My first time playing was very brief, only getting so far as to make a character and then quit because of a graphics glitch. But the next day, I found myself leaning on my coworker’s desk, recanting her with what little I experienced and how humorous the glitch was. The next day, she sought me out on her own and questioned me about my newest play session. I made sure to leave out important details for fear of spoiling her, but our talk was filled with gunfight reenactments, suspense, and humor. This continued for a few days until I was approaching ten or so hours of game play. My coworker, having heard all about my wonderful time with the game, caved in and bought it herself.
The next day, it was me entranced with her journey. She spoke with wide eyes and an energetic smile, things I no doubt adorned in my re-tellings. It was this moment of sharing experiences that my mind drifted that initial question asked by my roommate: “Why is it fun?” Because it creates camaraderie.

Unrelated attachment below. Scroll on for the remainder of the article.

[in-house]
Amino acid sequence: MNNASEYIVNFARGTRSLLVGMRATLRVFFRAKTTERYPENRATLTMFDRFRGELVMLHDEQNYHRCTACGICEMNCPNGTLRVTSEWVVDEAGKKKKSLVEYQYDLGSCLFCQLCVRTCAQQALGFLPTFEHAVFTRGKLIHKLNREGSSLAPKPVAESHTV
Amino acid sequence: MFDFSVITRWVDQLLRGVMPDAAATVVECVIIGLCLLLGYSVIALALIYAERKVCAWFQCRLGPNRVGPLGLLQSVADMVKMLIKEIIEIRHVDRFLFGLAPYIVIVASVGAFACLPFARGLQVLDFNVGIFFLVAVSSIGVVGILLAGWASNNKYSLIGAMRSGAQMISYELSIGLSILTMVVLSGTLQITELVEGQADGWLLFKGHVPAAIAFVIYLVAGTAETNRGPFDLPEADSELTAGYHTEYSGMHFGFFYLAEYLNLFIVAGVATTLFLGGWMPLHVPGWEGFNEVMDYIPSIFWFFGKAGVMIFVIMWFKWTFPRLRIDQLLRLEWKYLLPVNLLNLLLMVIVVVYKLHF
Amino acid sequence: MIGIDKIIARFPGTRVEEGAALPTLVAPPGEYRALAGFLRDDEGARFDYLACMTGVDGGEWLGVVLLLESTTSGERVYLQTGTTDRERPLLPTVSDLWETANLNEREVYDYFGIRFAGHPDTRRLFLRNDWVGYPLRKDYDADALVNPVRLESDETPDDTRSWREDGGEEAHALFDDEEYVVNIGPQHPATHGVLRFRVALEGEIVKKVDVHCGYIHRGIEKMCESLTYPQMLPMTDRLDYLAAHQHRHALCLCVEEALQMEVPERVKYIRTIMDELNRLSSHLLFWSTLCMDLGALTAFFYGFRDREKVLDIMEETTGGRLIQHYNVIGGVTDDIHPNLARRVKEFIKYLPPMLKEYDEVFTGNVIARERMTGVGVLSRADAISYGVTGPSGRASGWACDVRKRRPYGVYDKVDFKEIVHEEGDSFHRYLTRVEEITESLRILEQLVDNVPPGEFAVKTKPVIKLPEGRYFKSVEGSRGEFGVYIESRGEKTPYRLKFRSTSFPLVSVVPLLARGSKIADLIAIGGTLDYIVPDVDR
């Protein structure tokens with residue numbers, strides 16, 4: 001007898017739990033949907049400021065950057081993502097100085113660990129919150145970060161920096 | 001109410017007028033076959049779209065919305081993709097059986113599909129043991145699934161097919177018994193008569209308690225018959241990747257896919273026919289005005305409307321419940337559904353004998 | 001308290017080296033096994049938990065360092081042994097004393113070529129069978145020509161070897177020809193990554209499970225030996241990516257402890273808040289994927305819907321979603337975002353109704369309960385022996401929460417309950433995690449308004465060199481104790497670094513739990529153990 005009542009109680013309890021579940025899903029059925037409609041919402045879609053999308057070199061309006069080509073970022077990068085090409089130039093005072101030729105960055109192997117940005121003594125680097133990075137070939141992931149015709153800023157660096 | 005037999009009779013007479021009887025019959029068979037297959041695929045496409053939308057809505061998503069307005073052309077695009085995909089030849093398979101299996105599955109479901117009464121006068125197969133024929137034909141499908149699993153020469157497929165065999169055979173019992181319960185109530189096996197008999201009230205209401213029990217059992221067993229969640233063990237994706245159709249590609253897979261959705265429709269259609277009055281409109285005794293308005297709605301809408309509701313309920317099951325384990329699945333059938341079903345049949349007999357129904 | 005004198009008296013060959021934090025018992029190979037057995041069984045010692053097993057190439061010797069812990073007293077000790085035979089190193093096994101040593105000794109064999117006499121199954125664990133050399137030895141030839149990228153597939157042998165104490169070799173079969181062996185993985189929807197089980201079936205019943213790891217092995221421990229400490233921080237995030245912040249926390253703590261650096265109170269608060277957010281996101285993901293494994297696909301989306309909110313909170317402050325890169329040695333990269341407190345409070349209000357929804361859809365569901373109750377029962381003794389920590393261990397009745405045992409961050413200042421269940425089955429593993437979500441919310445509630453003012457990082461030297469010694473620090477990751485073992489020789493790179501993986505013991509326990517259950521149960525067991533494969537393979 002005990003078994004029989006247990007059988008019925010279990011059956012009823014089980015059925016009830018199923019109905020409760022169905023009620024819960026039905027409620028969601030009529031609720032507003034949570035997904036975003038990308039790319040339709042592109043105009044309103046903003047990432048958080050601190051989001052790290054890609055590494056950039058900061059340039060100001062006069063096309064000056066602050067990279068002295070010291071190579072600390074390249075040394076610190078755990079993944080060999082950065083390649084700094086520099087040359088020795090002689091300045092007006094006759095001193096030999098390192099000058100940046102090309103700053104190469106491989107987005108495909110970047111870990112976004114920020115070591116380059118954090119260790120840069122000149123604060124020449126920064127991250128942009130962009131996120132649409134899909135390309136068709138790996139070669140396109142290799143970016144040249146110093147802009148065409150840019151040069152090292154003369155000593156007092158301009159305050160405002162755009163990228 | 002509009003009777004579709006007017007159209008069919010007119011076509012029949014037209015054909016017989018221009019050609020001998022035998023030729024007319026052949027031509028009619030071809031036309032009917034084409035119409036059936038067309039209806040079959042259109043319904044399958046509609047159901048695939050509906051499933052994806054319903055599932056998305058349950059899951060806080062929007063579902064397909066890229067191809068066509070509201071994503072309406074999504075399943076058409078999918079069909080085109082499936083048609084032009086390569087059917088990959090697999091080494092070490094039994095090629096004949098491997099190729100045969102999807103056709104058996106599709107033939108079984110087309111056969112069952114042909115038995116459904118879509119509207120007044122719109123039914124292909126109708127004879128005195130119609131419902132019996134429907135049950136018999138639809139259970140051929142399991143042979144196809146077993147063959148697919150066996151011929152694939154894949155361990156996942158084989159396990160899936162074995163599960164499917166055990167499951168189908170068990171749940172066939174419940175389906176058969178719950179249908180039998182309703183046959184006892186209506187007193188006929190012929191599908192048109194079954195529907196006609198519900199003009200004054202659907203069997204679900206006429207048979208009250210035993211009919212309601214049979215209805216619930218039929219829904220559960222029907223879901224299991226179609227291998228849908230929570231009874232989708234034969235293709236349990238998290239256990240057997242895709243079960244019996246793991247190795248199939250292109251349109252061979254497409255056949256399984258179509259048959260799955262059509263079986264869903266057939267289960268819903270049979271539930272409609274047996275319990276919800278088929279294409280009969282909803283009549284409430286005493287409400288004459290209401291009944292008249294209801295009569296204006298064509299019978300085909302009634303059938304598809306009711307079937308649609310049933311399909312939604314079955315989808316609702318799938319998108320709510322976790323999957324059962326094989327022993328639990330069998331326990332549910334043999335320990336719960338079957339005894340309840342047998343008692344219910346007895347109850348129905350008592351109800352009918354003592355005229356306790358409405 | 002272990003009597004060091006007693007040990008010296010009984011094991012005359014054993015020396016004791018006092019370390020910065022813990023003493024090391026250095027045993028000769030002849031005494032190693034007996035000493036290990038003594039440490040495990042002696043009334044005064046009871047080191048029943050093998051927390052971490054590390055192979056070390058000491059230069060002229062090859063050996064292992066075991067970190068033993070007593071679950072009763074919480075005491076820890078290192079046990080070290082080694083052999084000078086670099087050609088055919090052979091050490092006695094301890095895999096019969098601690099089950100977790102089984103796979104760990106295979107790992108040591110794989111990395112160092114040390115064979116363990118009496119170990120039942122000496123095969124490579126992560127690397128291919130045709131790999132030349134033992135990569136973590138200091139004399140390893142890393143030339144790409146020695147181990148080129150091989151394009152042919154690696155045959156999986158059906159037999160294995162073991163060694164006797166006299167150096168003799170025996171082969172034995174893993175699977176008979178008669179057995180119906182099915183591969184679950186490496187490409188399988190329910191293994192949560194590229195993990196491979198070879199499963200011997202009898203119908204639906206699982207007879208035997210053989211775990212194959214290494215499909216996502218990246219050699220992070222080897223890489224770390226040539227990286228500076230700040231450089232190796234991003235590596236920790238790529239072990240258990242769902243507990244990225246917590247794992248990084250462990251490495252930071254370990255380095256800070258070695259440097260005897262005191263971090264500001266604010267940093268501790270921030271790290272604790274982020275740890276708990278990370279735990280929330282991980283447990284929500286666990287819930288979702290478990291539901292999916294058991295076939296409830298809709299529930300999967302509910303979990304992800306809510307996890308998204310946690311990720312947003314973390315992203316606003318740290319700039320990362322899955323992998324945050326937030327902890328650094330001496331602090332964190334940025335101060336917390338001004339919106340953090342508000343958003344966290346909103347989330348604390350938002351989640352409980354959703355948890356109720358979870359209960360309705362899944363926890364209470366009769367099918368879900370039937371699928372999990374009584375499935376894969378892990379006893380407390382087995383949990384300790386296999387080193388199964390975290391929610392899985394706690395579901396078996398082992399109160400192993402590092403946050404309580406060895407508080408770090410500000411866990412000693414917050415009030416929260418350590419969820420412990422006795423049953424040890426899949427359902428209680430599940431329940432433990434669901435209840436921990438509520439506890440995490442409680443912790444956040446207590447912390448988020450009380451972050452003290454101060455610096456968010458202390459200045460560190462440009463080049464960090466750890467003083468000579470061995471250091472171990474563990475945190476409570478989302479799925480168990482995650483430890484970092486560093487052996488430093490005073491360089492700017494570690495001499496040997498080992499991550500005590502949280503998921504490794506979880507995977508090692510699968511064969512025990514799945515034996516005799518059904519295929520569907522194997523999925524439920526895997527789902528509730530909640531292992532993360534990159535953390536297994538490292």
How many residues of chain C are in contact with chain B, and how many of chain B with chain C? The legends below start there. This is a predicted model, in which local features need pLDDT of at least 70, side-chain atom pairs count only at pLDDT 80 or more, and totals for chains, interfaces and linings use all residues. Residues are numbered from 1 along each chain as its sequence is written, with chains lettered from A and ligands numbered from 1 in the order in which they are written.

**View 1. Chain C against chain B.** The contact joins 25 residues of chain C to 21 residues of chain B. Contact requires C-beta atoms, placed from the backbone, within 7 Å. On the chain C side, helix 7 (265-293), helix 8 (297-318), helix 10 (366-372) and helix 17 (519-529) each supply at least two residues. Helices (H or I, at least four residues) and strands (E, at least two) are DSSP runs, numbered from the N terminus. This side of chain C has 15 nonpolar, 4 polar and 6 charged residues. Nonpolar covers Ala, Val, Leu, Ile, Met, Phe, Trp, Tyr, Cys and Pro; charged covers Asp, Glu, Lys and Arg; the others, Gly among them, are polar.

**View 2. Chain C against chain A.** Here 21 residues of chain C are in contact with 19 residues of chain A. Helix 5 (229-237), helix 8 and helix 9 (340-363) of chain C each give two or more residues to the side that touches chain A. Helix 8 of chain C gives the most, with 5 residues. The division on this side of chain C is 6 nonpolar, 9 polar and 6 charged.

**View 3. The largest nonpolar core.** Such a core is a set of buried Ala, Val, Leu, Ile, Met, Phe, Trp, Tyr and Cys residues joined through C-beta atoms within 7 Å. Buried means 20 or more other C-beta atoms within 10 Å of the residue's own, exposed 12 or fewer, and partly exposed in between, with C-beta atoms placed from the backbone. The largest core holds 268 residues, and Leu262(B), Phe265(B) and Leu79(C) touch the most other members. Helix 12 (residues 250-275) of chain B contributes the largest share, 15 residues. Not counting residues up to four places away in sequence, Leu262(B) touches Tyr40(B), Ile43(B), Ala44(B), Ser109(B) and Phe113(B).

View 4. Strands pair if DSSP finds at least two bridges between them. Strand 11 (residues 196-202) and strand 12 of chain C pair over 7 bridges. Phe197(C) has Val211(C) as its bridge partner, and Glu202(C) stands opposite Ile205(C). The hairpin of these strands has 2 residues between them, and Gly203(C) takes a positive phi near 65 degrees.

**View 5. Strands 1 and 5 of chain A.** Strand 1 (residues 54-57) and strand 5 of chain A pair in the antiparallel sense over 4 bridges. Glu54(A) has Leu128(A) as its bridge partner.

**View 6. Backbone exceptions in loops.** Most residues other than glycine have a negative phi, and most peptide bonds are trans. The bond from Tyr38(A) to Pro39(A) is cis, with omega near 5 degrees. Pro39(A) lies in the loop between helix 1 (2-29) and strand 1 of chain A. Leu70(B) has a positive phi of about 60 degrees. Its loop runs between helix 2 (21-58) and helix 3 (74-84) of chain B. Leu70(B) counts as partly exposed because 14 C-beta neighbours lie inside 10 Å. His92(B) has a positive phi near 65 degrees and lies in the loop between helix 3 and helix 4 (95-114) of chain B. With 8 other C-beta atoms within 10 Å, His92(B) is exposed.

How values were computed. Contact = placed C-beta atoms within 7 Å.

It makes you want to go out and talk to all your friends about how much fun you are having.
It makes you want to discuss play styles and strategies with those who are also playing.
It makes you want to trade secrets and tips with other gamers to share the joy of discovery with another person.
There is a feeling that stems from a game like this, a sort of bond you start to feel with those you share stories with. You’re not tempted to go online and receive instant gratification because you’re having too much fun exploring and you’d much rather discover it. There is no joy in simply getting what you want. Earning it is much more satisfactory, especially with open world games. On top of that, we like to dance a delicate dance when it comes to talking about spoiler heavy games like Fallout. There is enjoyment to be found walking the fine line between wanting to discuss the amazing things we’ve encountered and not wanting to ruin it for our friends. So we tip toe, leave things out, and say just enough, vaguely enough to bait their hook. In turn, they do the same for us. When you both dance this way, you feed each others’ exhilaration and anticipation. I hang on every word my friends tell me about their games, starvingly curious as to what they encountered.